Burnt Latke
3/4" C:B ratio - test day
overall view

The longest barrel tested was 26' 8" or 320" with a C:B ratio of .14:1. This barrel was 3/4" sch 40 PVC and would be cut down 20% of it's length each time. This barrel was too long and the slug was not able to escape past the muzzle. The slug could reach a point near where the barrel appears to bend in this photo.

Two 4'x8' tables were set up to support the long barrel. The miniL1 and all it's hoses, wires and switches were then attached to an extra low, heavy duty stand. The slug was not able to exit this 320" barrel but neither was any sound able to escape. Attempted shots with this barrel were nearly silent.

26 feet plus
screws and shims

Screws were drilled into the table to help keep the long barrel aligned horizontally. Cardboard shims were placed underneath to account for the connector fittings which elevated the barrel above the table.

Fuel pressure was checked before each shot. Our new gauges feature 1psi increments and 2% mid-scale accuracy. The combustion chamber of the miniL1 is 373cc and is one and a half times the volume of a 29.5" barrel. This would be expressed as a 1.5:1 C:B ratio. The C:B ratio will be given after each new measurement in the following paragraphs.

new gauge
first cut

The first cut was made at 256" (.17:1) and was an even 20% off. The slug was still not able to make it out of the barrel. At 256" we were able to accurately measure how far the slug traveled before friction and the vacuum behind it caused it to stop. Both new and used gasket slugs were stopping at approximately 210". The next cut was made at 210" (.21:1) which is only 18% of the length but established an upper limit for our test. Subsequent cuts were done at 20% of existing length.

The first recorded shots with the 210" barrel were surprisingly fast, up to 181fps. There doesn't seem to be a length where a tight fitting slug will just plop out the end. If there is, we just missed it by an inch. This upper length limit is determined by a number of variables and would be different for each particular ammo and power configuration. By this logic, the fastest ratio might also be particular to each individual setup.


This barrel at 86" (.51:1) was showing improved velocity with readings as high as 486fps. This barrel remained nearly silent despite the high speeds. Only a slight whoosh could be heard as the slug traveled down the barrel.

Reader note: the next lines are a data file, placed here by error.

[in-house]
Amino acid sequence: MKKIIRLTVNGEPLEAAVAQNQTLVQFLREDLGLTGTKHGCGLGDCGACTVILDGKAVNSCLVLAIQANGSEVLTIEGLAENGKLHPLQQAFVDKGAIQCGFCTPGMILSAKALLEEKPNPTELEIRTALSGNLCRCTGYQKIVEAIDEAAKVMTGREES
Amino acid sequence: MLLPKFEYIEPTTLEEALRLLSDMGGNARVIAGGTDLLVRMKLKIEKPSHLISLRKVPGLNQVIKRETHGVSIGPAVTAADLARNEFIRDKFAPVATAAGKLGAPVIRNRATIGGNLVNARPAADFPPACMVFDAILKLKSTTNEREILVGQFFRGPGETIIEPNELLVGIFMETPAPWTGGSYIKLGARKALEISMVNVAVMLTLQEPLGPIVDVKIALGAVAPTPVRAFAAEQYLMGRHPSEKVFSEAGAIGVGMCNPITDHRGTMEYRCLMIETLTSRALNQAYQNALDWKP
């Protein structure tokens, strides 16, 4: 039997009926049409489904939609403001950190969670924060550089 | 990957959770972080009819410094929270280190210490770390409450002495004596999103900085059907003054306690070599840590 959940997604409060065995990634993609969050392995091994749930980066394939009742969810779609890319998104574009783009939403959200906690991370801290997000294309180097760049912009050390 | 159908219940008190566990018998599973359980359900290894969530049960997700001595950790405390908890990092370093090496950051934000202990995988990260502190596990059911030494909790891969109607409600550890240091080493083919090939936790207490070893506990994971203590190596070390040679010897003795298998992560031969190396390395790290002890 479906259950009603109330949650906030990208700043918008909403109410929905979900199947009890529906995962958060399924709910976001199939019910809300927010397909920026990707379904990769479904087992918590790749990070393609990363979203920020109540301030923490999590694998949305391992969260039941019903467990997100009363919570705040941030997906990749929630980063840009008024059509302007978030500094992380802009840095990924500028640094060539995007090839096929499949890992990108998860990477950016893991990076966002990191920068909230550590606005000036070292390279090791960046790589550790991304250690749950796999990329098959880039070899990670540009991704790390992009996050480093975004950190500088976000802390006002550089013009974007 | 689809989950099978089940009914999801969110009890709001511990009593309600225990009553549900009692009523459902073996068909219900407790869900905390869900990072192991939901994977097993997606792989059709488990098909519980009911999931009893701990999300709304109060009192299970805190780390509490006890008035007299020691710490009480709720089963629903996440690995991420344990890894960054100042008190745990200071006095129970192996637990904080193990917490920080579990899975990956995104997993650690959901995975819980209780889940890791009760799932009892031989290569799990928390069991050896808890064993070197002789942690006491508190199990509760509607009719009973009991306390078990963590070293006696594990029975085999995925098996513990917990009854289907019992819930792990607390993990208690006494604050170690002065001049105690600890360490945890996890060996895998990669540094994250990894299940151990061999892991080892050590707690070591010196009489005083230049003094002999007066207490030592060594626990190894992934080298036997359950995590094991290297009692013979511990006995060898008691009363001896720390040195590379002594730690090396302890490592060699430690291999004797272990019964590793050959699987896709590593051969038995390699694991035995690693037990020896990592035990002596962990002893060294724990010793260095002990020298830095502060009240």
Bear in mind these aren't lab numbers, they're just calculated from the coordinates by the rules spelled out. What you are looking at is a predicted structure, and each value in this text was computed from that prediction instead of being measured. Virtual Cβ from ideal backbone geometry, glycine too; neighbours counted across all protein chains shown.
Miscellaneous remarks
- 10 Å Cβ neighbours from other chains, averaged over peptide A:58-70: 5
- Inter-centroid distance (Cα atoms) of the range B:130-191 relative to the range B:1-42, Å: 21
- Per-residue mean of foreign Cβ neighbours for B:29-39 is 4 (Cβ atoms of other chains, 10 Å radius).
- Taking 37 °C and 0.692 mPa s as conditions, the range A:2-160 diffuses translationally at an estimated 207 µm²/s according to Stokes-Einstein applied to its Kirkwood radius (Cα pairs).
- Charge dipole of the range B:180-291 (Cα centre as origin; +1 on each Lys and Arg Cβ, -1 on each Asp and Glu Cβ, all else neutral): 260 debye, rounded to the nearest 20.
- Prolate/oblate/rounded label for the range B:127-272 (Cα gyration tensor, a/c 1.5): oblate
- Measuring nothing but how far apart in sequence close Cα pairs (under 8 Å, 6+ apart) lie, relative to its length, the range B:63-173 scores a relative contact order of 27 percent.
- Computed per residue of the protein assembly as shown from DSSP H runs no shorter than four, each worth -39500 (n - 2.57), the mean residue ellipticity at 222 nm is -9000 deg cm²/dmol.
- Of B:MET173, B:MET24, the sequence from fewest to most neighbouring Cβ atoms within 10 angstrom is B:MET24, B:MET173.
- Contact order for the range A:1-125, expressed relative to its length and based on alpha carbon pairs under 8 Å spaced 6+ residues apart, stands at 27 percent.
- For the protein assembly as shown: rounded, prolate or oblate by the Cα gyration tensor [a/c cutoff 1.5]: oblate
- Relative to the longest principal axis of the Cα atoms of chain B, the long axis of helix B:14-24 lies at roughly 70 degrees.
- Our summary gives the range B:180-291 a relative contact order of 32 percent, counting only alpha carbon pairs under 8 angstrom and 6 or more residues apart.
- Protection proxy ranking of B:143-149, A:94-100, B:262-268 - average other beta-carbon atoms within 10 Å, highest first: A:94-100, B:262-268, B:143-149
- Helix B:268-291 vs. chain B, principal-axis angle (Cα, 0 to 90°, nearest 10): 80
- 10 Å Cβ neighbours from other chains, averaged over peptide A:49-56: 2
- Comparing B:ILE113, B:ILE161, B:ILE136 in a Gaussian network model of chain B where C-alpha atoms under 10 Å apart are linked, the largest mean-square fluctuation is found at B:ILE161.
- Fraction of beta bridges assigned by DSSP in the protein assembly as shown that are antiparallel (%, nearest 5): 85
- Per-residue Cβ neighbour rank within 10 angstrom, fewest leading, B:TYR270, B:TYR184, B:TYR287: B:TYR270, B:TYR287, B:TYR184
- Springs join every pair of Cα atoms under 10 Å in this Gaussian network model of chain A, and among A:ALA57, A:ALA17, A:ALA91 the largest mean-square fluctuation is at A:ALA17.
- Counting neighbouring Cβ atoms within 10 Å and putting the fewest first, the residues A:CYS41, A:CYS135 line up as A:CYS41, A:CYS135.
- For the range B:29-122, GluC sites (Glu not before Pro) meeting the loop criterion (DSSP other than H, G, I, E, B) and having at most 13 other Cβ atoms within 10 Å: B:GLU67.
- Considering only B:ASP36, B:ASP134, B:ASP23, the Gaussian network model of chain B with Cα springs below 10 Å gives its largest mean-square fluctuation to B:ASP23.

Our climb to the top ended with the fastest shots recorded to date with our miniL1, 523.1fps. The top speed was obtained with a 55" barrel which gave a calculated .8:1 C:B ratio. Readings on either side of .8:1 were also high which could point to even faster readings between .7:1 and .9:1. A fine tuning test will be conducted before C:B tests begin on the full sized L1. The L1 has a 2600cc chamber and would require a 8.3' barrel to get .8:1 using 1.5"sch40 PVC. That's a big barrel to carry around for a such a modest sized chamber.


We continued to cut the barrel down 20% at a time to discover a steady trend toward slower speeds. This short barrel is close to 2:1 and provides convenience while still generating speeds above 400fps. One of the most important lessons learned from this test was that when the barrels became shorter than .8:1, the noise from the gun became increasingly louder. It appears the unused energy escapes the barrel in the form of sound.

This cute number features a 9.25" barrel (4.78:1) and shoots about 310fps. Accuracy is probably not this barrels strong point as many of the tumbling slugs were found lodged backwards into the carpet backstop. These ultra short barrels are ultra loud. Earplugs were required for the rest of the test.


The end of the line was this stub which has 1.75"(25:1) effective barrel in front of the slug. This "barrel" was able to shoot about 170fps and was the loudest barrel tested. The shock wave from the wasted energy could be felt up to 2' from the muzzle. This barrel was the least accurate and actually hit the chronograph wire on one shot. This was the hardest to align with the target as there was no barrel to aim with.

Doing this test on the miniL1 made sense as the required barrels cost under $20 and the propane used was probably less than $1. Carbon monoxide levels are also lower with the smaller combustion chamber although the indoor shooting range was vented with fans during the tests.


The numbers don't lie. 169 recorded shots were fired during actual testing and another 200 were fired during gasket slug development. One particular C:B ratio did show the highest speeds. The ideal ratio of .8:1 worked for the miniL1 using a refined gasket slug. Will this number translate to a full sized launcher using spuds for ammo? We're not sure but you can bet that we'll test it soon.